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PennDOT Testing Digital License Plates in Some Pennsylvania Counties

Published on Oct 17, 2019 at 2:09 pm in Auto Accidents.

Back of white BMW with no license plate

PennDOT is using 20 state vehicles, including dump trucks, crew cabs, passenger vehicles, and a van to test out digital license plates before lawmakers in our commonwealth decide whether or not to approve legislation for the plates. These tester vehicles are predominantly in central and northwest Pennsylvania in Adams, Crawford, Cumberland, Dauphin, Erie, Forest, Franklin, Lancaster, Lebanon, Mercer, Perry, Venango, Warren, and York counties.

PennDOT Communications Director Erin Waters-Trasatt said that Driver and Vehicle Services staff are testing the plates for “readability, durability, and reliability.” She also said that “the pilot is being conducted at no cost to the commonwealth.”

The maker of the plates, Reviver, claims that digital plates improve the old ones by adding personalization, weather alerts, automated parking, enhancing vehicle security, offering geolocating, and tracking mileage. Digital plates also have governmental benefits like easily identifying and locating vehicles with expired registrations, stolen vehicles, expired tags, and finding the vehicles reported for Amber Alerts. These could lead to less instances of vehicle crimes, like hit-and-run accidents, because of tracking and other features.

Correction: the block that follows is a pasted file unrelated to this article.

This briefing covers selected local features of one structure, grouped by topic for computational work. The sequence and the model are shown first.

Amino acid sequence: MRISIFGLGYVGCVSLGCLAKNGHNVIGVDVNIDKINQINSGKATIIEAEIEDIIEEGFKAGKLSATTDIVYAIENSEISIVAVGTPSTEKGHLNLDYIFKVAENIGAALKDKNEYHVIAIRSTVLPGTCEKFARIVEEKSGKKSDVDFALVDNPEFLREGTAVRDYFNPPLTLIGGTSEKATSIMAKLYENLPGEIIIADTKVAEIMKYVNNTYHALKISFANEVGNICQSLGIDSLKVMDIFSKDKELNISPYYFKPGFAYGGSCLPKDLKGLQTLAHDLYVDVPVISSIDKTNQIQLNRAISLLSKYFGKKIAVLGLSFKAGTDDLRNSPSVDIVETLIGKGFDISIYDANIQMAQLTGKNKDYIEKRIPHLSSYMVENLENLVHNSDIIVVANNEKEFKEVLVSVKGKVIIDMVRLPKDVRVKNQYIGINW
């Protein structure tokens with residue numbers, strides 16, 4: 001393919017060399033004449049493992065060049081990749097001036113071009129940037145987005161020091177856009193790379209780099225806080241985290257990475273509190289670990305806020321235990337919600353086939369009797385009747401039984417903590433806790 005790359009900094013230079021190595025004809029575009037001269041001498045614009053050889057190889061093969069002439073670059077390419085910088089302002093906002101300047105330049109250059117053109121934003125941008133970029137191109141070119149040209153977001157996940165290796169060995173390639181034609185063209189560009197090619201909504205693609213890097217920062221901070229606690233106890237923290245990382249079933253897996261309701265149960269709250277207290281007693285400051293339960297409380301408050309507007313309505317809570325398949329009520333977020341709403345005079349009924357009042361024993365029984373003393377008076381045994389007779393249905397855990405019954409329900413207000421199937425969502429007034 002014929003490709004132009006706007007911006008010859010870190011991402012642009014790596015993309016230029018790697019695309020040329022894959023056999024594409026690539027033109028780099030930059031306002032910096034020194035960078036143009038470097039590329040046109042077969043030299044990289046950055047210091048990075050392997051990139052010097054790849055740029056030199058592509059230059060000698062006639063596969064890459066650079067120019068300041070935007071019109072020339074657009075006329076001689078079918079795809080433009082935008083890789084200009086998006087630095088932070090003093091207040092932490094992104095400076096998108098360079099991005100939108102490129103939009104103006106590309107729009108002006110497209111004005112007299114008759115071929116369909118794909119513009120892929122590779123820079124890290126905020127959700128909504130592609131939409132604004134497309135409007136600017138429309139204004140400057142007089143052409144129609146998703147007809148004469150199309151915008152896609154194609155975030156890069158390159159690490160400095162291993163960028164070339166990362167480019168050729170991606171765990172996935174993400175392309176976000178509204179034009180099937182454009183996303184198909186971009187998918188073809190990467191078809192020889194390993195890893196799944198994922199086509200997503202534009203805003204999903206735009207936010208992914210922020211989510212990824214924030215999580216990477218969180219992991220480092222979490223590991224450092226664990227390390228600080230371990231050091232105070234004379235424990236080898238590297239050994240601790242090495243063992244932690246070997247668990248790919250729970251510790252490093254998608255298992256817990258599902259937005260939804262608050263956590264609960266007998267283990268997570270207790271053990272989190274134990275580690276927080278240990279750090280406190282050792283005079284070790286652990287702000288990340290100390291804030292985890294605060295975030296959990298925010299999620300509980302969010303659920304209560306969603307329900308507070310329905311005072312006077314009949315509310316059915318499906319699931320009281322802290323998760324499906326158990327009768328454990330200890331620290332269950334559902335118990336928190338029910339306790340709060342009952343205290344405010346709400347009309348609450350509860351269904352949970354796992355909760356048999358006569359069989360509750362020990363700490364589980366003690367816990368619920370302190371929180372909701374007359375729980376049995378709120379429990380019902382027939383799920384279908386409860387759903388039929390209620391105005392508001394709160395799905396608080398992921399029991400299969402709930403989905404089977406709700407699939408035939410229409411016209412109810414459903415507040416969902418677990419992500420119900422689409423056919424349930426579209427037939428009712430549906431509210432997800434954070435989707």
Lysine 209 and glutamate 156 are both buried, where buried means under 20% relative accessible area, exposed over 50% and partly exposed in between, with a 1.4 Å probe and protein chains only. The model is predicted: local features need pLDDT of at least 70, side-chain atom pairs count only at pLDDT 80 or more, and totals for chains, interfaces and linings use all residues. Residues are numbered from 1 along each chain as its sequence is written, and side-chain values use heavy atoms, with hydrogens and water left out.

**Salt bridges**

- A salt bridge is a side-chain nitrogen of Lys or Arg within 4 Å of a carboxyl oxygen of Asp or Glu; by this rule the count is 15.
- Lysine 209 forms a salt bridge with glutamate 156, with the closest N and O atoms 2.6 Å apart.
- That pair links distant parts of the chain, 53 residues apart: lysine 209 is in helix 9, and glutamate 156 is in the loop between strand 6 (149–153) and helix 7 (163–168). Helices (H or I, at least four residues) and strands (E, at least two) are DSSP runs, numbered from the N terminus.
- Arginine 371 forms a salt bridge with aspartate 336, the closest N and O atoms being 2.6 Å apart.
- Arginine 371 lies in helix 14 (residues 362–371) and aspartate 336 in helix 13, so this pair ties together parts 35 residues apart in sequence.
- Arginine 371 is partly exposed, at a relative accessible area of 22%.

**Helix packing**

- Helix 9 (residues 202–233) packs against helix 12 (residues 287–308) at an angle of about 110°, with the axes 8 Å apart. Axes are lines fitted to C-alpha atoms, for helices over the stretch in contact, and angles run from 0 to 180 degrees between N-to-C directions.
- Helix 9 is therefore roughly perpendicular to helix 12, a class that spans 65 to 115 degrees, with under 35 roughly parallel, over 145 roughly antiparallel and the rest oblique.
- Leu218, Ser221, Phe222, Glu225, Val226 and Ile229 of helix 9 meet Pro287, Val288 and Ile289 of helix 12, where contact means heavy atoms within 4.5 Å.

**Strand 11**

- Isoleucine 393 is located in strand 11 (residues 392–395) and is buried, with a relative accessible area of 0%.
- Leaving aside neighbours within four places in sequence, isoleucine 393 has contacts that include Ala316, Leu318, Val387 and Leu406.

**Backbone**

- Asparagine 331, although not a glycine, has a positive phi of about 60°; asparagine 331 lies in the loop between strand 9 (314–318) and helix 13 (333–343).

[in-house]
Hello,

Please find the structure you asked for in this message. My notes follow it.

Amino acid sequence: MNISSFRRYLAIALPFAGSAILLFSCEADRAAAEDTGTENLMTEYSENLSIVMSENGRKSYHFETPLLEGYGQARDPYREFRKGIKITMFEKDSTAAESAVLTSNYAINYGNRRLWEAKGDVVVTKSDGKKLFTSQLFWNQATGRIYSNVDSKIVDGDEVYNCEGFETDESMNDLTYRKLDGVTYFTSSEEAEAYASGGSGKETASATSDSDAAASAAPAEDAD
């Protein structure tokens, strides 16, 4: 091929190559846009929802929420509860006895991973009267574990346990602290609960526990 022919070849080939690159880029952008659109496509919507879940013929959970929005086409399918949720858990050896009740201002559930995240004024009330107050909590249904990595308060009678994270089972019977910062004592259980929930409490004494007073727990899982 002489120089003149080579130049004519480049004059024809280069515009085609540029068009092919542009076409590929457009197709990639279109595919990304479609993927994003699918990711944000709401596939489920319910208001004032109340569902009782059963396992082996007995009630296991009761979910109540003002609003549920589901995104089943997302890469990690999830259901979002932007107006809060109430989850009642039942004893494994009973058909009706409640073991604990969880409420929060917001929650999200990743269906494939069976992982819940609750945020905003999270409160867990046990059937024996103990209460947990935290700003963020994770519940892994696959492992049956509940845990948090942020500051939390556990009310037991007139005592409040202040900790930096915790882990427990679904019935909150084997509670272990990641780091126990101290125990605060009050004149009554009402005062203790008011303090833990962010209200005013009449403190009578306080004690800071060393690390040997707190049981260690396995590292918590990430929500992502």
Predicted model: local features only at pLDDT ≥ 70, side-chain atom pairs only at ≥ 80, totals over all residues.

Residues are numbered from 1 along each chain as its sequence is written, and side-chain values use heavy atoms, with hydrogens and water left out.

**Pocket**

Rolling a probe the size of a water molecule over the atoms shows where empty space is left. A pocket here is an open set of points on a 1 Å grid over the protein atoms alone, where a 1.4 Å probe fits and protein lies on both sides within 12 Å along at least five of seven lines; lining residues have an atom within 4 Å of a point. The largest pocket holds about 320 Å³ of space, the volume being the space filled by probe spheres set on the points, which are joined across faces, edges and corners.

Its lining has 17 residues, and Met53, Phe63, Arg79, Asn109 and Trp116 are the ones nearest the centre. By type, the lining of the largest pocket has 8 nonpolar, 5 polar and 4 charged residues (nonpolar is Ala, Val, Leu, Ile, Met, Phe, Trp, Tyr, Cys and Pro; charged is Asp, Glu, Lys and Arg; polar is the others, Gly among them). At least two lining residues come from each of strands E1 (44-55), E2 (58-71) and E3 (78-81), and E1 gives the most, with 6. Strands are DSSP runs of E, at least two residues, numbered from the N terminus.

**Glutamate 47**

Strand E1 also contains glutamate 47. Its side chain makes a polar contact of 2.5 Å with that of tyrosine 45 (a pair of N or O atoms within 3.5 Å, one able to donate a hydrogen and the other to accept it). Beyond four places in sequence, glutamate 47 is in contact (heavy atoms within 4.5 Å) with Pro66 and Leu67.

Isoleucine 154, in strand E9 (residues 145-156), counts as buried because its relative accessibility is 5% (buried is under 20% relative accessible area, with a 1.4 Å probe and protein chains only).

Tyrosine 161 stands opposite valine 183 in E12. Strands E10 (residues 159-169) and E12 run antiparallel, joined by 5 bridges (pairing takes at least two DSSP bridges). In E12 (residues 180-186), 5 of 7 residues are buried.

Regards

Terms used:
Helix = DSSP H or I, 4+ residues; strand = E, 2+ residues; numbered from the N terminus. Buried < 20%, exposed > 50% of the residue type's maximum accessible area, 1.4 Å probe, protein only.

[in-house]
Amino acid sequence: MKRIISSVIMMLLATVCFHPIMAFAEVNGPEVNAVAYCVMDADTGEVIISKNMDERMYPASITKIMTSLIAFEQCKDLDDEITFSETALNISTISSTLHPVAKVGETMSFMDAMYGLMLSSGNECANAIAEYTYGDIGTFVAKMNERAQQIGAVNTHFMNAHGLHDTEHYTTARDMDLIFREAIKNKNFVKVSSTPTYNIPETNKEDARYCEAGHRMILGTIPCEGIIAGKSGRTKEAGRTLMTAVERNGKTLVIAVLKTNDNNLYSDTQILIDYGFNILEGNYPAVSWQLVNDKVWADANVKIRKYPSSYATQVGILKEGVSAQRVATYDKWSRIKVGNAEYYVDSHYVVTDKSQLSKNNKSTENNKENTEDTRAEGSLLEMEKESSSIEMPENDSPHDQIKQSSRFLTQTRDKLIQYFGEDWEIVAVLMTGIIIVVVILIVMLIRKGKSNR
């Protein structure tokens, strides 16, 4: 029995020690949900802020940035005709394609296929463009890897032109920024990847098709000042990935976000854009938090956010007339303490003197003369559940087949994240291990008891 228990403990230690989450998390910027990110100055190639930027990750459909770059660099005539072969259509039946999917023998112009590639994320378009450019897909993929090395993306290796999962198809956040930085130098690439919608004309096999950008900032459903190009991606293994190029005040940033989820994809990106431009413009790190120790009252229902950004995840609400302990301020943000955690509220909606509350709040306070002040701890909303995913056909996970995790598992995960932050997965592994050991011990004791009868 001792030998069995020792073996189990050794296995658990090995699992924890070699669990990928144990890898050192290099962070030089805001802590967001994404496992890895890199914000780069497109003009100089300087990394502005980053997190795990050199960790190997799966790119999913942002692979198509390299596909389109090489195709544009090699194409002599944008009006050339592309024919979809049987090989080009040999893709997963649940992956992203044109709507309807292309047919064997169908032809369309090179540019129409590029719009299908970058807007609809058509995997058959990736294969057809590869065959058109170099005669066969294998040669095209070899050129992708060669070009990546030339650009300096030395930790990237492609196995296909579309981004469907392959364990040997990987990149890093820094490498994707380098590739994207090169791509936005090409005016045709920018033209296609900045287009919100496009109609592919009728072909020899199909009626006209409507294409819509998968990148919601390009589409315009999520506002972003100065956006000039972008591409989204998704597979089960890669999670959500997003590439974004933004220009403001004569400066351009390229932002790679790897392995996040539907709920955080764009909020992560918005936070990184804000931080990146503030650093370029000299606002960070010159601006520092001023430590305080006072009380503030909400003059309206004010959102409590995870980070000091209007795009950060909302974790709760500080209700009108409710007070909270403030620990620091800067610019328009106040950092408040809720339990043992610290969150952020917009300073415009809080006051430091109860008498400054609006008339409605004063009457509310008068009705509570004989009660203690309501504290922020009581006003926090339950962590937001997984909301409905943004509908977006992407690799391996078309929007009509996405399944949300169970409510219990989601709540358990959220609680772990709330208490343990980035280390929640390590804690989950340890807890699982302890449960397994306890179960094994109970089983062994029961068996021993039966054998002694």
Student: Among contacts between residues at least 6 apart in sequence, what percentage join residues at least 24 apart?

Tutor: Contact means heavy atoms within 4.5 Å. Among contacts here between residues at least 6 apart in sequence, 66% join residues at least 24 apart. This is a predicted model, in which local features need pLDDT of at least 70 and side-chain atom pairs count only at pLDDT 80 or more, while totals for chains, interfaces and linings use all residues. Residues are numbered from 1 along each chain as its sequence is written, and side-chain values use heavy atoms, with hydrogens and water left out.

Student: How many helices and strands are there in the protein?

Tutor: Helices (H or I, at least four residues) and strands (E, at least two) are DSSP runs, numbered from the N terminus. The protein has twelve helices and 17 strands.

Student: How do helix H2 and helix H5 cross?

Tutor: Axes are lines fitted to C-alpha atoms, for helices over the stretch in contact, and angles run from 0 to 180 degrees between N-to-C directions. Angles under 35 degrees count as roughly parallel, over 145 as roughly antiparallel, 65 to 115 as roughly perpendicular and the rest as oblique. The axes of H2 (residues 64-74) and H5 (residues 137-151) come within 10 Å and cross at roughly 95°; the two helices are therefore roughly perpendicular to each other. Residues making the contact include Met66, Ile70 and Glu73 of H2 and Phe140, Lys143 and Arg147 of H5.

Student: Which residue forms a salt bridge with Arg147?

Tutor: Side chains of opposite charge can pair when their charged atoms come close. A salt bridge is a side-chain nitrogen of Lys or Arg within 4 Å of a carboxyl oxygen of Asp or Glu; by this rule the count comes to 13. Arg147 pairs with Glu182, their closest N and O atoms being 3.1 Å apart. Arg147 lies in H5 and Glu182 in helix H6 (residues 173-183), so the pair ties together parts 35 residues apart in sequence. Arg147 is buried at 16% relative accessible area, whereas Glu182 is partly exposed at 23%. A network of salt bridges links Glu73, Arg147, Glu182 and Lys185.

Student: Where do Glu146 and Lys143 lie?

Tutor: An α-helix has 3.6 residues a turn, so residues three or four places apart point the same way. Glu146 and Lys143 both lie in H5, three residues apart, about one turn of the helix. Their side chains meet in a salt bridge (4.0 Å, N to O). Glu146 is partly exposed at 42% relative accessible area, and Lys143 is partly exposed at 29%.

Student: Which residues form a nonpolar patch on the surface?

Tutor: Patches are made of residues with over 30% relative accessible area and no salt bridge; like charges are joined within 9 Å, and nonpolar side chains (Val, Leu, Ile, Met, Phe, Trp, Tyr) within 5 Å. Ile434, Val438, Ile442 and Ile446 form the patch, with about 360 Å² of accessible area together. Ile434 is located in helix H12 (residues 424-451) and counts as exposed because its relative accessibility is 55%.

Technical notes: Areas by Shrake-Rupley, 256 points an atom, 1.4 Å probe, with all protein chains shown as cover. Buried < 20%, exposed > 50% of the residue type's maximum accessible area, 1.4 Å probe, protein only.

Though these plates could do a lot of good through their e-link technology, they are highly controversial. Ordinary citizens who have not committed crimes don’t like the idea of plates being used to track and record their movements, and that they do not have control over what is displayed on the plate, according to the Electronic Frontier Foundation. Not to mention that digital plates will most likely cost more than standard plates.

However, the digital plates have not become available to the public in our state just yet. Waters-Trasatt said, “Legislation would be required for these to become available beyond the pilot.” If approved by the General Assembly, Pennsylvania would join Arizona, California, and Michigan as the only states with digital license plates.

At Shrager & Sachs, we know driving in Philadelphia can easily result in a car crash. If you’ve experienced a car accident in the city, contact us for legal advice regarding your options.

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